The one seemingly untouchable topic in this year's presidential campaign is whether John McCain's naval record and his years as a POW in Vietnam are relevant to his qualifications as president. Did that suffering 40 years ago give him the courage required to meet presidential challenges or did the experience leave scars that could come back to haunt him? Was it simply a profound experience that has nothing to do with the requirements of the highest office in the country? Also, Palin meets the press, Obama fights back and Texans hunker down as Hurricane Ike heads for the Gulf Coast. Judy Muller guest hosts.
FROM THIS EPISODE
Last night, Sarah Palin sat down with ABC's Charlie Gibson for her first interview with the press. The vice presidential candidate used the opportunity to reinforce the foreign policy of John McCain, saying she would not second guess Israel's right to defend itself, and that "we have to keep an eye on Russia," adding that its incursion into Georgia had been unprovoked. But the Governor of Alaska seemed momentarily stumped when Gibson asked if she agreed with the Bush doctrine. Jennifer Skalka is editor of Hotline on Call, a daily political blog of the National Journal.
Jennifer Skalka, Editor, Hotline On Call
The one subject that seems to be the third rail in this otherwise no-holds-barred campaign is John McCain's POW experience in Vietnam 40 years ago and how that affects his qualifications now. At the GOP convention last week, numerous speakers described the details of McCain's ordeal as evidence of his moral fiber and suitability for the presidency. Even McCain, who had been reticent to talk abut the details in the past, devoted part of his acceptance speech to the subject. But what is the relevance of those five years to qualities needed in a president? We talk to former POW's who have insight into the question and look at McCain's naval upbringing. Was it a life that prepared him to understand the live of ordinary Americans?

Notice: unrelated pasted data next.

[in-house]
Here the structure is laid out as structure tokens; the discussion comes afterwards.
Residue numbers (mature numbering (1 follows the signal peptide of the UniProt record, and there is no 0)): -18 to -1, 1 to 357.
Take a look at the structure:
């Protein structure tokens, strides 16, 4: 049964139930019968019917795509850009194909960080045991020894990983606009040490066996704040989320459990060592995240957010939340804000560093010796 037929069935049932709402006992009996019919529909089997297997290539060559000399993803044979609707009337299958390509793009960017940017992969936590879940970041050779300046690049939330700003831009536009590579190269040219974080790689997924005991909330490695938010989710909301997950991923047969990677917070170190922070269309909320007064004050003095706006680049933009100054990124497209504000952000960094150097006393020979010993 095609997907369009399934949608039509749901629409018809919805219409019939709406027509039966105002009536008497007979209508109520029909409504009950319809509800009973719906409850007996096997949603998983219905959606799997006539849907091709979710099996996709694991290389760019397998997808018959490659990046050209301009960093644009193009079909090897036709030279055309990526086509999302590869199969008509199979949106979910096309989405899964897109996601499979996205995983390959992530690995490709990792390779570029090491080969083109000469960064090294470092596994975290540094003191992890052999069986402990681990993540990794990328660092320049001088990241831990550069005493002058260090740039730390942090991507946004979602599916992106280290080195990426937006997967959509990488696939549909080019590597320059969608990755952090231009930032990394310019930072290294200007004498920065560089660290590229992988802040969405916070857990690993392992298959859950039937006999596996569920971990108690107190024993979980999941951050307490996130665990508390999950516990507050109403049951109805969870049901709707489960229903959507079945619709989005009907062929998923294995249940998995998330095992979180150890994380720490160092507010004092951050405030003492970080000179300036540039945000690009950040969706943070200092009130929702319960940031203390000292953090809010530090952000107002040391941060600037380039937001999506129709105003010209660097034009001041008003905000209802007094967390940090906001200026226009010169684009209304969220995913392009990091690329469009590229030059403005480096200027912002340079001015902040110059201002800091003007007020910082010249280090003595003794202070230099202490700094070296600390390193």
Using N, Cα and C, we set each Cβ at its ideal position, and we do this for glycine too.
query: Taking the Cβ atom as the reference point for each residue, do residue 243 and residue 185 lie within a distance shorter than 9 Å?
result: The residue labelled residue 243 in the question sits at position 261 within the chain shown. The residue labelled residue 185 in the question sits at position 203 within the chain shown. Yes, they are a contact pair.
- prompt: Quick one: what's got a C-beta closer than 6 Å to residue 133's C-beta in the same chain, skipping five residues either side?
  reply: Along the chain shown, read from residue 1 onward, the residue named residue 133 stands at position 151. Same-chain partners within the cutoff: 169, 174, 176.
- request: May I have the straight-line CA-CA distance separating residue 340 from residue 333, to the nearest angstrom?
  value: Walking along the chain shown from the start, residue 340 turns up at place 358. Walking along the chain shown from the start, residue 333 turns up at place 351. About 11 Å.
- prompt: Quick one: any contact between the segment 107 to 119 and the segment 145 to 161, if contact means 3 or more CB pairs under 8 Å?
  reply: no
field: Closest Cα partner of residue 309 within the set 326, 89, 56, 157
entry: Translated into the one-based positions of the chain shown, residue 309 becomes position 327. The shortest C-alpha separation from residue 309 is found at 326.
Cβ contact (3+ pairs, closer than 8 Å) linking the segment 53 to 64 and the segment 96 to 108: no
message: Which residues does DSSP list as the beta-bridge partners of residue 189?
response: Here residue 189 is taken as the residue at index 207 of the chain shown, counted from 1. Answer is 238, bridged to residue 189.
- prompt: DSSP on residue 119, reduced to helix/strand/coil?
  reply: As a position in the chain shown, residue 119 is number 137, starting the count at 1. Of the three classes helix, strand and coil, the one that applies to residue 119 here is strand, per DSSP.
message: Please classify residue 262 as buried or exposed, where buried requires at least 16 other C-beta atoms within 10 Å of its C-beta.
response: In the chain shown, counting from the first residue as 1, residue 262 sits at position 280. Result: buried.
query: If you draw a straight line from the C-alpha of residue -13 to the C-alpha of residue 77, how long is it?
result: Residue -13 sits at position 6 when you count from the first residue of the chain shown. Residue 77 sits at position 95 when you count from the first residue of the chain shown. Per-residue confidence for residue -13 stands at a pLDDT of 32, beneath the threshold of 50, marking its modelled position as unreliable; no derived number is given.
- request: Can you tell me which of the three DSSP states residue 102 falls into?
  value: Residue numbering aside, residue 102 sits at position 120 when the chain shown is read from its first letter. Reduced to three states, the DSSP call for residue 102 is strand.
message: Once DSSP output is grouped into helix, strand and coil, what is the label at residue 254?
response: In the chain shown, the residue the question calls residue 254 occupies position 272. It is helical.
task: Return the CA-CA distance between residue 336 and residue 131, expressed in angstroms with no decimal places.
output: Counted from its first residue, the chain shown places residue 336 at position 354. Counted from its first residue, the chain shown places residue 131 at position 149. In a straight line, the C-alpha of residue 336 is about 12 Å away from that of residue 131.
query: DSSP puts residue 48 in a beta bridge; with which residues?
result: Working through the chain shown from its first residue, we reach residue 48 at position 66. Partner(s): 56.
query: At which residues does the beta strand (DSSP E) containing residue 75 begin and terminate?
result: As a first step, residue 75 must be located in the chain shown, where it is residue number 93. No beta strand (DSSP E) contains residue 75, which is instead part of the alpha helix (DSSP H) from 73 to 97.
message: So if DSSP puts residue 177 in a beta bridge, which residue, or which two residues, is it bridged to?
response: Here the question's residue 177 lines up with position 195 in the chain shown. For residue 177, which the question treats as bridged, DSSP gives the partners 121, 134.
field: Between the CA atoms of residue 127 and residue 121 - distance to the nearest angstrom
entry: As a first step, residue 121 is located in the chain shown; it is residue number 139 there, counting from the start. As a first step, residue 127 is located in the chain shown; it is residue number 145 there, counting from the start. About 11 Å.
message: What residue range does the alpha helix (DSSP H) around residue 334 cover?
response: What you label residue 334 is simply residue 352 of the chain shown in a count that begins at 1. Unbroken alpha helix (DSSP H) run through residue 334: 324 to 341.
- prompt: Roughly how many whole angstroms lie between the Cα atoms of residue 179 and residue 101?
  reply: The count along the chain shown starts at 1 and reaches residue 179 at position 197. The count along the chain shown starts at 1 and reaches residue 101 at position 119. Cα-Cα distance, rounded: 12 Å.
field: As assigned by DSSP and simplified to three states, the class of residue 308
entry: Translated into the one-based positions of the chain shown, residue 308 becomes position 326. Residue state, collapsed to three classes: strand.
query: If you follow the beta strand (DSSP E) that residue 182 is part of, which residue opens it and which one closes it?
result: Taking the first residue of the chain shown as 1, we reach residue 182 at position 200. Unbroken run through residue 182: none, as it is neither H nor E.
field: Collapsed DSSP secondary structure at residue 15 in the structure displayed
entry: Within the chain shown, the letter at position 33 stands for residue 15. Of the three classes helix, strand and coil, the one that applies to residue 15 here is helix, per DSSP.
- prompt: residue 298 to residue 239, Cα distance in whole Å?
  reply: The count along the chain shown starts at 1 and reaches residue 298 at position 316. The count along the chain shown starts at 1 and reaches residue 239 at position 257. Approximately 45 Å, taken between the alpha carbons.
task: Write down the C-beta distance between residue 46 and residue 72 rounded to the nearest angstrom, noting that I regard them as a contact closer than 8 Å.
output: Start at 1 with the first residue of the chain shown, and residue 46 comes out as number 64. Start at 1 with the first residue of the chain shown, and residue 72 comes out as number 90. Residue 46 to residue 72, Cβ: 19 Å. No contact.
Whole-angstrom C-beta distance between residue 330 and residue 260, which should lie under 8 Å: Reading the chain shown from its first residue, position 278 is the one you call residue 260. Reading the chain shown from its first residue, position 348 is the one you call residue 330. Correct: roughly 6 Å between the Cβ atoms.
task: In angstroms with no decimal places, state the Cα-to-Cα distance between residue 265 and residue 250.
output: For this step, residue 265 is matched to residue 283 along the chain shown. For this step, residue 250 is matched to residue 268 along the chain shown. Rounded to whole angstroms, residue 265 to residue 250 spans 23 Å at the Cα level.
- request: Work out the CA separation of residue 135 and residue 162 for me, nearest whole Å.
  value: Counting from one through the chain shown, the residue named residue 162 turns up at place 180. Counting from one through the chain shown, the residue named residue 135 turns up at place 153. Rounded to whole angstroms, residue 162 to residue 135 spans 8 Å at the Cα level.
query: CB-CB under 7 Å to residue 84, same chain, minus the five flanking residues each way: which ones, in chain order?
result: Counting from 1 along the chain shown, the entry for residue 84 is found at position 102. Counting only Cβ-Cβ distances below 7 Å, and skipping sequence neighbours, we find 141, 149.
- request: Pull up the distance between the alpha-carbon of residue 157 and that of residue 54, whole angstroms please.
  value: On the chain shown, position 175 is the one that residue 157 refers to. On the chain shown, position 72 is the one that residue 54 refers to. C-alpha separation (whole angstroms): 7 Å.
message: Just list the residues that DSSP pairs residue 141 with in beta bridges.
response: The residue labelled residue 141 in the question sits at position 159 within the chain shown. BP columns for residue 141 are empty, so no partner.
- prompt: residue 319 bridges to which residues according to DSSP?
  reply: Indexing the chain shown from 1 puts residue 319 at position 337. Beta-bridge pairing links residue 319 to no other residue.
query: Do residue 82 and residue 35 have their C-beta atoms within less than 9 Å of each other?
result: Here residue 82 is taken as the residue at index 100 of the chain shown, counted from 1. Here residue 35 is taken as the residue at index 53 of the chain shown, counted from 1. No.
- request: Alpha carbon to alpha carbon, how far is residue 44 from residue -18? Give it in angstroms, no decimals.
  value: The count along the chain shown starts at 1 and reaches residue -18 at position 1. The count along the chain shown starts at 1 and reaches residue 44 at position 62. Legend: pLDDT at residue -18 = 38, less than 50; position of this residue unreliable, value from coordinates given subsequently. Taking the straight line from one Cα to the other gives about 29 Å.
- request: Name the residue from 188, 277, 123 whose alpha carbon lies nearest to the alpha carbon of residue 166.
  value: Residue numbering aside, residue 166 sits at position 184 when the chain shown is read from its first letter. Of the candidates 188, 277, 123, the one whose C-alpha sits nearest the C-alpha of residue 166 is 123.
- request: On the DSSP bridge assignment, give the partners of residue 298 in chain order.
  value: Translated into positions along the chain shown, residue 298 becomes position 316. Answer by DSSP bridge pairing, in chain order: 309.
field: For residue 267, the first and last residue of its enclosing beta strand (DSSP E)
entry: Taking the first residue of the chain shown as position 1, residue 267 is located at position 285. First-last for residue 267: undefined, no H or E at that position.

Robert Certain, former POW
Philip Butler, activist, Veterans for Peace
Robert Timberg, Editor in Chief, Proceedings magazine
Cliff Schecter, Libertas (@cliffschecter)
Nancy Pfotenhauer, Spokeswoman for John McCain
Hurricane Ike big and getting bigger, with its 105-mile winds and potential 50-foot waves on a track for Houston, the country's fourth largest city. The Gulf Coast town of Galveston has been evacuated, and the National Weather Service has warned that people who live in small homes there could face “certain death” if they stay. In Houston, officials have urged people to stay put, recalling the gridlock that killed many who jammed the roads in an attempt to evacuate Hurricane Rita in 2005. Emergency management expert Michael Lindell is a fellow at the Hazard Reduction and Recovery Center at Texas A & M University.
Michael Lindell, Fellow, Texas A & M's Hazard Reduction & Recovery Center